Making configuration options dynamic, eliminate tag handler class even for non-composite JSP components, introduce shorthand URLs for Facelet Tag Libraries, make cc:interface in composite components optional, enhance deployment, integrate with CDI
Component identification and Ajax
Support implementation of Portlet Bridge 2.0
Support for HTML5 features, such as Forms, Heading, Metadata and Section content model, Flow management, Listener for page navigation events, and new components like FileUpload and BackButton
In-process caching of Java objects allows an efficient implementation and removes the programmer from the burden of implementing cache expiration, mutual exclusion, spooling, and cache consistency. Objects type, which can be known only at runtime, can be cached, but those which implement the serializable interface can only be spooled. Package: javax.cache.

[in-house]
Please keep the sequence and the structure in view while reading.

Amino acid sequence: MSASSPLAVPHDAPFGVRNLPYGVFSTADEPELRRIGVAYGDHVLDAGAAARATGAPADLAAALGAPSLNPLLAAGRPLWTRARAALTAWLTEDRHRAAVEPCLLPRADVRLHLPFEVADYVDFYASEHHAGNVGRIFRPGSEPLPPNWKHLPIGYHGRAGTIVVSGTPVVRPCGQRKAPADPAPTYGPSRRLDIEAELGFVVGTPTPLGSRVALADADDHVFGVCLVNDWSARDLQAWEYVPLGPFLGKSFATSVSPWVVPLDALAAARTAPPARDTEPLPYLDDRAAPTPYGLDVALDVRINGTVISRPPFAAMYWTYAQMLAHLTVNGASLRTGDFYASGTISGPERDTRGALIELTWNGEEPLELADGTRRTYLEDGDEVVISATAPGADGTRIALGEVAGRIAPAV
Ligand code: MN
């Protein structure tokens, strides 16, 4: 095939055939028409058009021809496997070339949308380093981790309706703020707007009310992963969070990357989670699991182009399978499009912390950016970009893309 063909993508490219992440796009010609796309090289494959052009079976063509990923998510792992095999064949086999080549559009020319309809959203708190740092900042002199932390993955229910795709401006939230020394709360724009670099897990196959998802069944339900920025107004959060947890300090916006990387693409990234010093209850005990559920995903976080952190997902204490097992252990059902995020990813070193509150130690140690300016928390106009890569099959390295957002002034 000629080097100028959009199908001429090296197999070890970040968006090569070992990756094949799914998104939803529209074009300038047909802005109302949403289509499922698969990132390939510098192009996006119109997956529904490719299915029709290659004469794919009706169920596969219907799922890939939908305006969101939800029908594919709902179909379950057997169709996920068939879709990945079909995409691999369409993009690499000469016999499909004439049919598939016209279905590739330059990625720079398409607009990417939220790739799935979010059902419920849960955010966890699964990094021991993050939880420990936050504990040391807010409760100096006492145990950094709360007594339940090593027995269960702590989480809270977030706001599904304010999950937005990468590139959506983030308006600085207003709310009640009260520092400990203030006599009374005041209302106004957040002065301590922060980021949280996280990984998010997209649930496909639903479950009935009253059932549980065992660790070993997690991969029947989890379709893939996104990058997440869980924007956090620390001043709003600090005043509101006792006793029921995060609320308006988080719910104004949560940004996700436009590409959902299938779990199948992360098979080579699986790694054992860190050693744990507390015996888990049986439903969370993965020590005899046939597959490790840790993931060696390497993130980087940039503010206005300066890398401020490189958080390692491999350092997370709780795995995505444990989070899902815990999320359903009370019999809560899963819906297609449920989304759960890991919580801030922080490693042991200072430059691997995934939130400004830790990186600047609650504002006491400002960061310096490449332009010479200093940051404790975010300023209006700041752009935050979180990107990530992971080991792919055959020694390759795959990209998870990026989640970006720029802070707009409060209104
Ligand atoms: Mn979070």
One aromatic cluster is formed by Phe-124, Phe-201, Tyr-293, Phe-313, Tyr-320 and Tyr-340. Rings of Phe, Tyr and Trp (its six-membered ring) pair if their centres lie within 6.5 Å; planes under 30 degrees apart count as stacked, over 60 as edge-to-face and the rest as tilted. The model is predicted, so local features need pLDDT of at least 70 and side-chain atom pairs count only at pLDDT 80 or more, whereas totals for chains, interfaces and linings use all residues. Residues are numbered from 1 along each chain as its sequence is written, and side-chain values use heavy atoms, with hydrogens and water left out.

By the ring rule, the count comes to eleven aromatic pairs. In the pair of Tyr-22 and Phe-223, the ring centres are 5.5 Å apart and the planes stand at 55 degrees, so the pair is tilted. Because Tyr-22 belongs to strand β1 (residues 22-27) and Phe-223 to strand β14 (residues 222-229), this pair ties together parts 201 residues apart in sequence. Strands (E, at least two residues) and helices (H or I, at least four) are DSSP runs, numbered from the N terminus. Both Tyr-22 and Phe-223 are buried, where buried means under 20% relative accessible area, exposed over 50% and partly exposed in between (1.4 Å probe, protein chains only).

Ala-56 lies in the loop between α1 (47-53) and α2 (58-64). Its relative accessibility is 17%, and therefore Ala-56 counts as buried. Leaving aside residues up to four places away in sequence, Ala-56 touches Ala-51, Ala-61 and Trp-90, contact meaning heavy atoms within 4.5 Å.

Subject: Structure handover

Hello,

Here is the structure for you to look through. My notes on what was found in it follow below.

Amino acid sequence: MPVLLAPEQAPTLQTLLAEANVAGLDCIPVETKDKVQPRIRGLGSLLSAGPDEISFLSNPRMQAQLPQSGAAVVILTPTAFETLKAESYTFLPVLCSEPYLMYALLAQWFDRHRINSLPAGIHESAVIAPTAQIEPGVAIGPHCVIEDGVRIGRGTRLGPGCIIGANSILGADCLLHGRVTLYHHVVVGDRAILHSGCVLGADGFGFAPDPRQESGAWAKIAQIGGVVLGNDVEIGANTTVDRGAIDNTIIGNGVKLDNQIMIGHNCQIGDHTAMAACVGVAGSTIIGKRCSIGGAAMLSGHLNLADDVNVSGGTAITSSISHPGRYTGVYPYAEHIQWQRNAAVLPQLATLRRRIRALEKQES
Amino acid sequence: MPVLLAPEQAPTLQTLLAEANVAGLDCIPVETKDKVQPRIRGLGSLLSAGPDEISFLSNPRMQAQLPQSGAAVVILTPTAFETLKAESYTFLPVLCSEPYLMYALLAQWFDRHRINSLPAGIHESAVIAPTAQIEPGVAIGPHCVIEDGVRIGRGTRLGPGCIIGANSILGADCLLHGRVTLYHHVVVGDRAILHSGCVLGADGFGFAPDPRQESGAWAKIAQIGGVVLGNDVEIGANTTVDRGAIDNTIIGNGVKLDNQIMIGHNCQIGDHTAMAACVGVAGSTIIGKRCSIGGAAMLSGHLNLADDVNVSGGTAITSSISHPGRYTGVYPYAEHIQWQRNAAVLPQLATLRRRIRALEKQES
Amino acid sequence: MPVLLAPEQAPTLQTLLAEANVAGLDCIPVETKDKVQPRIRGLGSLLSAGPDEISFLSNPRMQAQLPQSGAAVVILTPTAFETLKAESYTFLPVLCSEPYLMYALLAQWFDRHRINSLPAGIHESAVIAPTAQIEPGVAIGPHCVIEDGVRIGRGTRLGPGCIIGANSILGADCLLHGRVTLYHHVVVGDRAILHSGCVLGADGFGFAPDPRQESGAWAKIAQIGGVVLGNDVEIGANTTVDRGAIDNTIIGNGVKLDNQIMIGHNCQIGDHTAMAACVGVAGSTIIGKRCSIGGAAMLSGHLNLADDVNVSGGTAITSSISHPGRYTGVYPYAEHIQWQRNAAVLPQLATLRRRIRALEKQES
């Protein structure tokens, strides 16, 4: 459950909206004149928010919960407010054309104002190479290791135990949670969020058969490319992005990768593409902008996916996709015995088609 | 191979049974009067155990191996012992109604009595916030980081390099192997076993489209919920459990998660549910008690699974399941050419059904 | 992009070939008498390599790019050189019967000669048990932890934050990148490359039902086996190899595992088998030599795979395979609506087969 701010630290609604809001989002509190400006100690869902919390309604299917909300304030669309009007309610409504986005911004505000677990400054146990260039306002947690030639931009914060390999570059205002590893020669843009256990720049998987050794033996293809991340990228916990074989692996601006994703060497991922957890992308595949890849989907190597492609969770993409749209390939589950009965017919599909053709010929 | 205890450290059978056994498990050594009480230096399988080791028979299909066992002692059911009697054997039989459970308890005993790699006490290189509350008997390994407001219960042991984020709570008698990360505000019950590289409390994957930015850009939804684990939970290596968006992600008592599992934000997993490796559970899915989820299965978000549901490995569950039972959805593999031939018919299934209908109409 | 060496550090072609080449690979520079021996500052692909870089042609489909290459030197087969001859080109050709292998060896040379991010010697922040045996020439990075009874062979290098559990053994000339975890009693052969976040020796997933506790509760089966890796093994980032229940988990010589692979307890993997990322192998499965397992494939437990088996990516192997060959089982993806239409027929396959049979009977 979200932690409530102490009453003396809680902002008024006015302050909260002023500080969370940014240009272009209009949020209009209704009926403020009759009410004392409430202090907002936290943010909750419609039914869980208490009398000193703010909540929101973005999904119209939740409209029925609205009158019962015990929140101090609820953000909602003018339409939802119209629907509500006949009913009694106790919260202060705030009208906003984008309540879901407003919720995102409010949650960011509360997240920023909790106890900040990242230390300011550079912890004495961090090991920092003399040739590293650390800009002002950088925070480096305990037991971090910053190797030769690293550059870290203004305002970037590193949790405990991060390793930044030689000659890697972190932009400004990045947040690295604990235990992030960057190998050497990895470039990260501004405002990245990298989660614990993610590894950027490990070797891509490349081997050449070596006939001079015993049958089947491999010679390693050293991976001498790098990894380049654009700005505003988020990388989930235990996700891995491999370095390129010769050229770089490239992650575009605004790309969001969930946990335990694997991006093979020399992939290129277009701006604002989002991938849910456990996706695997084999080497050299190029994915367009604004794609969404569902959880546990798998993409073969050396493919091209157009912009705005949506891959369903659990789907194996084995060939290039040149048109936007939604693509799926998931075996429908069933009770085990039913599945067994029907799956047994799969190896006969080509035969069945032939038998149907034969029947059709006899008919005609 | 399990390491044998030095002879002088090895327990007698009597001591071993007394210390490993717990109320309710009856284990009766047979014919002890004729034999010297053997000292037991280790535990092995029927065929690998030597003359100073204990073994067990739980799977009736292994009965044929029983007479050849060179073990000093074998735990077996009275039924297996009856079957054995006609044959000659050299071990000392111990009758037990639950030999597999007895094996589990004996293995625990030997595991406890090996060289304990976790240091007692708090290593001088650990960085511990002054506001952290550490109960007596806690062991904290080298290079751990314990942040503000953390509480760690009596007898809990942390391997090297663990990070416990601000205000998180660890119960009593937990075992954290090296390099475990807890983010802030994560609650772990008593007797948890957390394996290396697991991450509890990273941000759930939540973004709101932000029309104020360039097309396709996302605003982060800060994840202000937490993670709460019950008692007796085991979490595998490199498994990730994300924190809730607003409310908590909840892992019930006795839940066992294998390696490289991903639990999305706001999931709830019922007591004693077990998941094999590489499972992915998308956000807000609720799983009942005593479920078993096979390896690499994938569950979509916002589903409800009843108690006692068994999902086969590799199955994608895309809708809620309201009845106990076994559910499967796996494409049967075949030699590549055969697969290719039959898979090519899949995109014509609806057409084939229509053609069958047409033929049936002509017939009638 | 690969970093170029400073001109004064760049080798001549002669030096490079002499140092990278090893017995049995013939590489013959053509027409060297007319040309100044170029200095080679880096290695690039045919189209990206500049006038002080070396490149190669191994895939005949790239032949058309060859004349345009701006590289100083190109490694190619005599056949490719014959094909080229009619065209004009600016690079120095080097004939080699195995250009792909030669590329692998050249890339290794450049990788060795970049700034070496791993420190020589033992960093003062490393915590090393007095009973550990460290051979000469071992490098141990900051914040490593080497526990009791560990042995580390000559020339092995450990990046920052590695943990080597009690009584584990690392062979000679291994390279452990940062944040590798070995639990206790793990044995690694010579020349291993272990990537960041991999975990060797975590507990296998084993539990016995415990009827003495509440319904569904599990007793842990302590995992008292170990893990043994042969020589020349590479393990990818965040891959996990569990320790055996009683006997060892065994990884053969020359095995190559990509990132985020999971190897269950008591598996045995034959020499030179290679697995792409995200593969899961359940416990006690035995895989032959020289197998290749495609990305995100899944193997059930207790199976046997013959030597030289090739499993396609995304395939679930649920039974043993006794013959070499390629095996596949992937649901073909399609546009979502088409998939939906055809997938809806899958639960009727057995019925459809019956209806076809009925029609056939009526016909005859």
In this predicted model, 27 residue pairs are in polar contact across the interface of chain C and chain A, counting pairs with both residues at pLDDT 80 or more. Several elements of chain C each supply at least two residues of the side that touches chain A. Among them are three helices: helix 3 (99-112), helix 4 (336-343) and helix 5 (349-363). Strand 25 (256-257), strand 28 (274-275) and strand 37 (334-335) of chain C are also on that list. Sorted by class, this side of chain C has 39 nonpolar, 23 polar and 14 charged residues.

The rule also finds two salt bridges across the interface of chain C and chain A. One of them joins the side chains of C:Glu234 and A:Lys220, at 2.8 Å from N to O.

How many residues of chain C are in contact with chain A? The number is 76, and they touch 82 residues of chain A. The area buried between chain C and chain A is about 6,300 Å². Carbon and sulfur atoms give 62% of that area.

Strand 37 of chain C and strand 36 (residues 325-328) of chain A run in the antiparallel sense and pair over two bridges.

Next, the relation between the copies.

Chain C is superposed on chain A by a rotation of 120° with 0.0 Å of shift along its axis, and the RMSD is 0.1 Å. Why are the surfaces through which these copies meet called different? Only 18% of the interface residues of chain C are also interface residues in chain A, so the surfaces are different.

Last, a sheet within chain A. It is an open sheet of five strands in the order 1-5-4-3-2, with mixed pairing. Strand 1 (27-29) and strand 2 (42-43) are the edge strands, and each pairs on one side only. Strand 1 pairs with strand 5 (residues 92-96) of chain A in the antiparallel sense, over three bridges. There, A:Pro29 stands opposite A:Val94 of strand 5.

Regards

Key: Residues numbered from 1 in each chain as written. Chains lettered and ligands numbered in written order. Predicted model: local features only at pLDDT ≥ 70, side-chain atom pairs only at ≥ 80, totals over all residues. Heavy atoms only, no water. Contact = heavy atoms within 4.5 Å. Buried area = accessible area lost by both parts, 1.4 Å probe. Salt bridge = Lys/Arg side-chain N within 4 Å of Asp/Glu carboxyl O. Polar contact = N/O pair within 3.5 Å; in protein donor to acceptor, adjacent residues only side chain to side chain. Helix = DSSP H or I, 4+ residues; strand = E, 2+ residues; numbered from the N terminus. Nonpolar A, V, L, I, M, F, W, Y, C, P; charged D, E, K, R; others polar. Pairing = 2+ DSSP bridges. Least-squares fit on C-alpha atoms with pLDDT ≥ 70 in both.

Cloud Ready Because of Container-based Model
The main focus of Java EE 7 is the cloud. The Java EE platform is already suited for cloud environment, owing to its container-based model and the abstraction of its resource access. Java EE always has been a managed environment where access to external resources and the system is controlled by the containers. The advantage of this container-based model is that portable applications can target single machines as well as cluster deployment without fundamental changes in the programming model. Java EE 7 is expected to evolve this paradigm and enhance it with some incremental changes. The interesting enhancement to look for is on how much it can leverage current architecture to support Java EE platform as a service. However, the promised enhancement under the umbrella of Java EE 7 will definitely have some operational impact on the arena of cloud computing.